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Airport Chief Questions 2 Minority Pacts

June 16, 1989|RICH CONNELL and GLENN F. BUNTING | Times Staff Writers

The chief of the city's Department of Airports has ordered a review of two multimillion-dollar food service contracts whose partners include several politically well-connected minority leaders, among them Los Angeles Urban League President John Mack and church leader H. H. Brookins.

The review will center on whether concession agreements, awarded under a program to increase participation of disadvantaged minorities and women in city contracts, provide for the minority partners a clearly defined, hands-on role in the running of the concessions. Such a role is required by both city and federal government contract guidelines.

"We're asking what have they done, what are their plans for the future and how have they met the (minority participation) objectives," said Clifton Moore, the department's executive director.

The agreements are between the city and Host International Inc., a subsidiary of the Marriott Corp., and eight minority partners. The contracts cover operations of cafeterias and other food services at Los Angeles and Ontario international airports. According to public records and interviews with Host and others, the minority participants receive a share of the profits.

The business activity of the minority partners varies from attending board meetings to recruiting employees, according to interviews with participants.

Mack said he does not spend a lot of time involved with the food service concessions. He said it was management's responsibility to handle employee and payroll matters. Brookins was not available for comment.

Evelyn Martinez-Zapata, another of the minority partners, said: "(Host) told us they were looking for a group to advise their management committee. This was not ever intended to be a hands-on type of management."

Airport Commissioner Johnnie L. Cochran Jr., who has sought more minority and women's participation in airport concession partnerships, said of the cafeteria contract: "My idea is there needs to be hands-on participation. I think as part of the deal (the minority partners) should actually be running the food operation."

The move to review the food and beverage contracts at city-owned Los Angeles International and Ontario airports comes after news reports this week about contracts for gift shop concessions with other minority and women partners, including the wife of House Ethics Committee Chairman Julian Dixon (D-Los Angeles). Dixon, who has denied any improprieties, reported that his wife collected at least $150,000 over the last two years for her participation in a joint venture partnership with Duty Free Shoppers Group Ltd. Partnership. Betty Dixon acknowledged in an interview with The Times that she had limited involvement in the operation and had invested no more than $15,000 in the business.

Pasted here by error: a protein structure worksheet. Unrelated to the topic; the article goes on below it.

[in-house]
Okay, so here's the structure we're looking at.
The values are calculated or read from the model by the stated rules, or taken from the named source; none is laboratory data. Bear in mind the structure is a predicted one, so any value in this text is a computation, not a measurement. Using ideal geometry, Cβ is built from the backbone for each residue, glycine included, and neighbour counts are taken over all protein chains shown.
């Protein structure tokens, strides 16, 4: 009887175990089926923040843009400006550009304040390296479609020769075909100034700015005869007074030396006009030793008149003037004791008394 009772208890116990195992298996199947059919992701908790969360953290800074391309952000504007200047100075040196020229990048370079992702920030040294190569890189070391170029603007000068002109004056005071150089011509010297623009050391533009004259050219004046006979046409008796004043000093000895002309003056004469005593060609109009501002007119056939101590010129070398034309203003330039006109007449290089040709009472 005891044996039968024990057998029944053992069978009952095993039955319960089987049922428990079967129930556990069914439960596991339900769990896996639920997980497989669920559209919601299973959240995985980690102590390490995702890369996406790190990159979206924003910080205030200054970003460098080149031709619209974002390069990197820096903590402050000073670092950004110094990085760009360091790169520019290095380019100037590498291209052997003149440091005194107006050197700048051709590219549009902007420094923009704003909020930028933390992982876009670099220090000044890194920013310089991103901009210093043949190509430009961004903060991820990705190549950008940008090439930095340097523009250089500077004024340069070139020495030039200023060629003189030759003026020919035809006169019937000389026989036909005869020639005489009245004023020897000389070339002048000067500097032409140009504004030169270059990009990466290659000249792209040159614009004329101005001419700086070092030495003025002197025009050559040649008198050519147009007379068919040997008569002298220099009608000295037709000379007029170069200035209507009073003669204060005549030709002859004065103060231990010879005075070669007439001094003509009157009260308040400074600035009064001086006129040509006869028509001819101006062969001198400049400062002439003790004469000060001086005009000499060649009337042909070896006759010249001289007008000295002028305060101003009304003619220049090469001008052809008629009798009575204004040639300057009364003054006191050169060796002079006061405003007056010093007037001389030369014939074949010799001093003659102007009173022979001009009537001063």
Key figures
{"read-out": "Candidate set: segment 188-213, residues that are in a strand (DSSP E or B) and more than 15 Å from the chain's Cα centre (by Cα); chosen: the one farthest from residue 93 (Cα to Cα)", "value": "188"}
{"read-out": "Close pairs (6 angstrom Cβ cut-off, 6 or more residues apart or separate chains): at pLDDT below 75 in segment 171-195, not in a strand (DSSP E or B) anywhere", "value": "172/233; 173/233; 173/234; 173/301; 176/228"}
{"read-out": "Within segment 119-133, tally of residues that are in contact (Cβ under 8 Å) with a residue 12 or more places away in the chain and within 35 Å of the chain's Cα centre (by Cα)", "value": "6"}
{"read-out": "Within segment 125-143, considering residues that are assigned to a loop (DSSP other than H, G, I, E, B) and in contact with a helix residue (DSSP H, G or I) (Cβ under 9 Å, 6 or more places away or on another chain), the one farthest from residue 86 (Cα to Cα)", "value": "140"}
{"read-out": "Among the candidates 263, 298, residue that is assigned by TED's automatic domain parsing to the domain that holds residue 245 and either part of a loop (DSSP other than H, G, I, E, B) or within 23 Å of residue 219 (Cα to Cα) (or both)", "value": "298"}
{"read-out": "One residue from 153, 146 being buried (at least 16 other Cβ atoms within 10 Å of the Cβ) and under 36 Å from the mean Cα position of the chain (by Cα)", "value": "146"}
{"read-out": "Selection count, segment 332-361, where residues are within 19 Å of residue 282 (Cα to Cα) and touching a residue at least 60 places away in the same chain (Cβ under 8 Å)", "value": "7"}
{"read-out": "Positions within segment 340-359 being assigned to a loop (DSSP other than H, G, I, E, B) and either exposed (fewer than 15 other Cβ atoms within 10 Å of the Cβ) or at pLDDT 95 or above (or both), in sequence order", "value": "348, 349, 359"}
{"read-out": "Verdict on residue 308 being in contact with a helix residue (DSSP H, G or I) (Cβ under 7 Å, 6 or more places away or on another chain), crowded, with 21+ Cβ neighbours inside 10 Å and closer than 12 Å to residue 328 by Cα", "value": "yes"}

On Wednesday, Moore asked Duty Free for a written explanation of what functions the minority partners perform in the gift shops and news concession operations. Moore said that Betty Dixon's portrayal of her responsibilities in the airport concessions does "not seem to be consistent" with the minority participation program approved by the department.

As for the cafeteria concessions, The Times has learned that airport officials, including Moore, had some reservations about the contracts involving the minority partners even as the contracts were being renewed, without competitive bidding, by the Airport Commission in 1987 and 1988.

Eager to renew its food and beverage contracts at the two city-owned airports, Host sought out women and minority partners to increase its chances.

Internal memos show that Barbara Williams, who heads the airport's minority business program, began warning commissioners and managers at the time that proposed contracts did not clearly define a business role for the minority partners, as required by city and federal guidelines. Federal guidelines apply because the airport received federal funds.

U.S. Transportation Department lawyer Robert Ashby told The Times on Thursday that federal rules require minority participants to be more than passive investors or merely attend board of directors meetings.

"The individual has to be there (on the job site) a fair amount of time, has to talk to the people to whom jobs are delegated, has to be performing as what a reasonable person would think a manager in touch with a business should be doing," Ashby said.

The minority partners brought into the cafeteria contracts by Host include Mack, a longtime supporter of Mayor Tom Bradley; Brookins, a politically active bishop in the African Methodist Episcopal Church who helped launched Bradley's career; Martinez-Zapata, a former aide to Bradley and fund-raiser for Councilwoman Gloria Molina; and attorney and restaurateur Andy M. Camacho, a close political ally of Councilman Richard Alatorre.

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